Multi-Unit Franchisee Magazine Issue III, 2017 - Page 58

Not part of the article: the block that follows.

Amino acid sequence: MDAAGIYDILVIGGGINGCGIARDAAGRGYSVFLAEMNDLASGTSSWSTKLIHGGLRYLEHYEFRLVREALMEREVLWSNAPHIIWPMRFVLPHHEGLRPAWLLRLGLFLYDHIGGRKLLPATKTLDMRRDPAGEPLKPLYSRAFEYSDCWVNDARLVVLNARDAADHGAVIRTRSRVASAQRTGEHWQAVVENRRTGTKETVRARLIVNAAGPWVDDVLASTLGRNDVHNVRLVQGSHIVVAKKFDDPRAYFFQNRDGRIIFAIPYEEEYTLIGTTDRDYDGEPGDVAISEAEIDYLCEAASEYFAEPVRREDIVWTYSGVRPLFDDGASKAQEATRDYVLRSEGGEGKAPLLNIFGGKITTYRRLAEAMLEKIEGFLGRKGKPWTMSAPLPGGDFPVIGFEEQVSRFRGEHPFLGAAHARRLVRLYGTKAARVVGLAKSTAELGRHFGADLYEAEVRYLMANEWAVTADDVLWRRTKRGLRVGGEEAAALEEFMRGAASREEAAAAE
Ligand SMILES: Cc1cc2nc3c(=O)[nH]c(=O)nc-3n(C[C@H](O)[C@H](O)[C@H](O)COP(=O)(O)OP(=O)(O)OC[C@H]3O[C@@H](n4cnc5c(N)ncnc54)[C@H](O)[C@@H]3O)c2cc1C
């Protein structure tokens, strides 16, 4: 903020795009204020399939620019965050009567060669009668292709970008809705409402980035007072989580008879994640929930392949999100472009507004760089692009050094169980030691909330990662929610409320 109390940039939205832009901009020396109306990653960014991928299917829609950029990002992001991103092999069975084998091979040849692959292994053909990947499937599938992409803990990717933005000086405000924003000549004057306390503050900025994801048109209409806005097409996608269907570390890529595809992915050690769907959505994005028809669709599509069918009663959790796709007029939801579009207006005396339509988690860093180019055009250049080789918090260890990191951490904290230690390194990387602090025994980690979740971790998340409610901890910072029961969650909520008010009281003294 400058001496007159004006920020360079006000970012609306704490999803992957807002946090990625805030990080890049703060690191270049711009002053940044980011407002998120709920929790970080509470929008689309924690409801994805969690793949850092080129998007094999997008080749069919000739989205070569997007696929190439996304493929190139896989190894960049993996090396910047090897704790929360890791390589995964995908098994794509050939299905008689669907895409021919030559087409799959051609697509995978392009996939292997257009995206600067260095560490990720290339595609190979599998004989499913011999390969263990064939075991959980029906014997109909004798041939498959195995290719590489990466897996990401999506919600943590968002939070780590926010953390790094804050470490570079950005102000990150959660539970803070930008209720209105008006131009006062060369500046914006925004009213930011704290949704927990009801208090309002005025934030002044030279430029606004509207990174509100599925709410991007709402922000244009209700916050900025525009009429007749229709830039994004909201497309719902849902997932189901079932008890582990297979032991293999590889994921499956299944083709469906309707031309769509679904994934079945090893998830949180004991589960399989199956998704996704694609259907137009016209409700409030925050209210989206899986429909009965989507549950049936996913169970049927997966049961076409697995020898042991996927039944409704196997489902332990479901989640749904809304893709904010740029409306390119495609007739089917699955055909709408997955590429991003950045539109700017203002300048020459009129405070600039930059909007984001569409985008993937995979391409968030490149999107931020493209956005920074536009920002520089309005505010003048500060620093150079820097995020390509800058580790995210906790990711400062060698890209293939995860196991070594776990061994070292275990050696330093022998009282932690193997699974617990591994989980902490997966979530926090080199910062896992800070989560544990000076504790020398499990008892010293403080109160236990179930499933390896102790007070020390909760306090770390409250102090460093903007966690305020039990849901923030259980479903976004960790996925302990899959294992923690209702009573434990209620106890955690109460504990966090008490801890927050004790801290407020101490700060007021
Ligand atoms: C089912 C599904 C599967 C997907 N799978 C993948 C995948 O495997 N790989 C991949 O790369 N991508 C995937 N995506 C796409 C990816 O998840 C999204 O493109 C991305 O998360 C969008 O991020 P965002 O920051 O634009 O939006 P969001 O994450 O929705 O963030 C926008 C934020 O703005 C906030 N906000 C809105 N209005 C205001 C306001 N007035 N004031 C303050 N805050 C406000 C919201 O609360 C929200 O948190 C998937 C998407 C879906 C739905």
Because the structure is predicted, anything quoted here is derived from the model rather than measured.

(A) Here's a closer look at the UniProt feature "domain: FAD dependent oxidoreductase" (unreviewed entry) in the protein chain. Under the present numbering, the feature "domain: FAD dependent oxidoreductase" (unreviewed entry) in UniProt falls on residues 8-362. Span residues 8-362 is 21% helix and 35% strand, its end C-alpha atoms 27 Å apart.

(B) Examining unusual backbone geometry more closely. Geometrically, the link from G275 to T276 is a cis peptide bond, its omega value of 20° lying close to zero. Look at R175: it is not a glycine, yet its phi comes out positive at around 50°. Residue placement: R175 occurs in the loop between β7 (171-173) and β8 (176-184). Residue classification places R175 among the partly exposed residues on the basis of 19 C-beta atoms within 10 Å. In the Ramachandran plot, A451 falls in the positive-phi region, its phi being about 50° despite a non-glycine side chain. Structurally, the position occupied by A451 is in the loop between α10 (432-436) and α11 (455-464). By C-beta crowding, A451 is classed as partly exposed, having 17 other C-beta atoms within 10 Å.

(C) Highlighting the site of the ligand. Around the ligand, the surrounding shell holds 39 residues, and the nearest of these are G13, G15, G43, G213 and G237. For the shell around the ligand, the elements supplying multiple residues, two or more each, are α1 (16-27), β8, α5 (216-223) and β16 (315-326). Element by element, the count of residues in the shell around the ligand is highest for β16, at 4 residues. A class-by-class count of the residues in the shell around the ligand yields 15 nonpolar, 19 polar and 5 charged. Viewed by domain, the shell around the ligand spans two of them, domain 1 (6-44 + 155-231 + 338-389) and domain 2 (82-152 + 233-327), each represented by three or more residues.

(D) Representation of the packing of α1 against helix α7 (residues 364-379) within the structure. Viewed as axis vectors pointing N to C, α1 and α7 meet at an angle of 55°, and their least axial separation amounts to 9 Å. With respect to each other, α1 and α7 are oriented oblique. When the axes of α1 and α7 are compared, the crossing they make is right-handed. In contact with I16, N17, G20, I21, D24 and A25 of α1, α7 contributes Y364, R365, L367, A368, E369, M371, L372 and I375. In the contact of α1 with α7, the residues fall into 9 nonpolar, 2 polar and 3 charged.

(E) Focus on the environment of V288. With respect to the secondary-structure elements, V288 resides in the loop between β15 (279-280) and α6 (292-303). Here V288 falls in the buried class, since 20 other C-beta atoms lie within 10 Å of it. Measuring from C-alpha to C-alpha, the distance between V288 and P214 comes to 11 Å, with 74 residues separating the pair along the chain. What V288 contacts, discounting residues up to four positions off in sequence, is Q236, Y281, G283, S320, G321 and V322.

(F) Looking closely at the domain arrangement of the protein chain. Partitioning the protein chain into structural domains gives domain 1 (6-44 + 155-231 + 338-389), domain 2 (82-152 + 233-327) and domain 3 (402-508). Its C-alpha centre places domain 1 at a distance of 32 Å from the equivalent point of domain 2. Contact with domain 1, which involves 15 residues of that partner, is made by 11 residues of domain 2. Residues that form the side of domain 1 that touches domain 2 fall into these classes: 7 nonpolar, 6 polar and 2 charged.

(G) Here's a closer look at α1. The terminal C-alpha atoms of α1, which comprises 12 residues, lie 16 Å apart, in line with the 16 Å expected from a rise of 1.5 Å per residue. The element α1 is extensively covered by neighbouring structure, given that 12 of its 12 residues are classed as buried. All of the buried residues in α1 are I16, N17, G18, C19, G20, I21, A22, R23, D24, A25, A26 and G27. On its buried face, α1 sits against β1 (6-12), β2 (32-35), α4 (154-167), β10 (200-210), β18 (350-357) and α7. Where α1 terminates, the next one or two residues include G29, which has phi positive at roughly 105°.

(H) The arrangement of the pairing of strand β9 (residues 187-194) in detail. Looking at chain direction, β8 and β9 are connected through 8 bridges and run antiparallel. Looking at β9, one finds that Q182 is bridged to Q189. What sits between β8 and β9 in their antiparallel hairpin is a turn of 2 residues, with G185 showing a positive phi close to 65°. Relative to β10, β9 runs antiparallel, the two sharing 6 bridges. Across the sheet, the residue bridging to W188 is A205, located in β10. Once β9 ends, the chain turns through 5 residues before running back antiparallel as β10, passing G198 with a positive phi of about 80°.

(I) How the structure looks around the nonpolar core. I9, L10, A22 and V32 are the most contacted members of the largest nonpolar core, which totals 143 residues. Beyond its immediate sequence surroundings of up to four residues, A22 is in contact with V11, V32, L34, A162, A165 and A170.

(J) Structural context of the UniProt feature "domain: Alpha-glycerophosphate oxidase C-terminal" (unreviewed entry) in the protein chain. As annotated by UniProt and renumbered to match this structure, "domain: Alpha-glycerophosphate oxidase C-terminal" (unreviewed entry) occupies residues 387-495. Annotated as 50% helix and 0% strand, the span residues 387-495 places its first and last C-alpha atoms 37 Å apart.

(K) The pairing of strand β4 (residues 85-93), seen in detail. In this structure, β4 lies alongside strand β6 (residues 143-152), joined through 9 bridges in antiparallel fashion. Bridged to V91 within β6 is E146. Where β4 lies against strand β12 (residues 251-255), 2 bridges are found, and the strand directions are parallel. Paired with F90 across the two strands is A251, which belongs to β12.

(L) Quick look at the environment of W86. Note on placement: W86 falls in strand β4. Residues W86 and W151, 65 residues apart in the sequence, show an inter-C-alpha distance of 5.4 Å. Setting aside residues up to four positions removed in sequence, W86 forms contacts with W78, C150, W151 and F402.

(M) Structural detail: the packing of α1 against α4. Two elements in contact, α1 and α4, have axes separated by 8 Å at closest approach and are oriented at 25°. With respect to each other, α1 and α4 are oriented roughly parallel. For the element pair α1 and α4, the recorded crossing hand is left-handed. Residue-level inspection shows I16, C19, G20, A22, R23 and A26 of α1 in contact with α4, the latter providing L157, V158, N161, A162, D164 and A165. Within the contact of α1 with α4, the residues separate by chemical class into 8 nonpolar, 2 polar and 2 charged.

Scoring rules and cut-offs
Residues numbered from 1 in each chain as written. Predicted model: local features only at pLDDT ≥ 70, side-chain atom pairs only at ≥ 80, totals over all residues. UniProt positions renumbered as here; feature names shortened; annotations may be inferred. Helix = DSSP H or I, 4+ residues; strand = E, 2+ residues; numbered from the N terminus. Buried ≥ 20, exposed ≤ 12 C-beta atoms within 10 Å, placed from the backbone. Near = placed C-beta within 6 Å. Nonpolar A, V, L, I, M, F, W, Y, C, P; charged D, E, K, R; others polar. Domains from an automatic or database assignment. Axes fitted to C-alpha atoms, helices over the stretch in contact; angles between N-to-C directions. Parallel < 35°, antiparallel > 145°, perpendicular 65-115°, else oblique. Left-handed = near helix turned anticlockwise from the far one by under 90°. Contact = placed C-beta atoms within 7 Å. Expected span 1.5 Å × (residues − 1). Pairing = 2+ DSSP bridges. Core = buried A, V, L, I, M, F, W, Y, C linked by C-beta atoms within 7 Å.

BY SARA WYKES Space IS THE PLACE BREAKING GROUND IS HARD TO DO IN 2017 “R eal estate develop- ment is one of the hardest things for a franchise,” says Philip Schram, chief development offi- cer and chair of Buffalo Wings & Rings. Since buying the brand in 2005 with Nader Masadeh and Haytham David, he has helped rejuvenate and rebuild it to 70 locations today. However, changes in the real estate market, construction industry, lending policies, and regulations are slow- ing him from his goal of adding 75 new locations in the next 5 years. “In 2009, when the economy col- lapsed, a lot of people left construction,” says Schram. The result was a shortage of qualified contractors and construction workers. As the downturn continued, no- body wanted to be a tenant, he says, and “we developed an excess of real estate.” For those willing to sign a lease, it was a buyer’s paradise. But when the economy began to re- cover and development activity increased, that labor shortage persisted, even wors- ened, as many contractors had exited the 56 MULTI-UNIT FRANCHISEE IS S UE III, 2017 business. Of those who remained, he says, “builders can only go at a certain speed.” Nearly a decade later, fallout from the subprime mortgage crisis also persists, re- sulting in a real estate and lending market nowhere near as friendly as it had been before the Great Recession. “Before that,” says Schram, “there was Philip Schram much more trust that the money would go to the right person and the job would be done. Now there is less trust and more underwriting, and that takes time. There are new guidelines banks must follow that are more stringent than they were in 2009.” Robert Thatcher, director of franchise and real estate development for Ben’s Soft Pretzels, agrees. “The days of 110 percent financing are long gone,” he says. “It takes real equity now.” Thatcher says he’s also seeing today’s higher costs for the most desirable real estate driving an expansion out of core markets into secondary and tertiary markets, where land and rents are more affordable. Power shift The economic recovery that followed the recession also altered the attitude of mu- nicipalities toward development. “When things were slow, cities were begging de- velopers to come in,” says Schram. “Now they are in a stronger position and are be- coming more demanding—and that affects how long it takes to develop a location.” The economy’s improving health has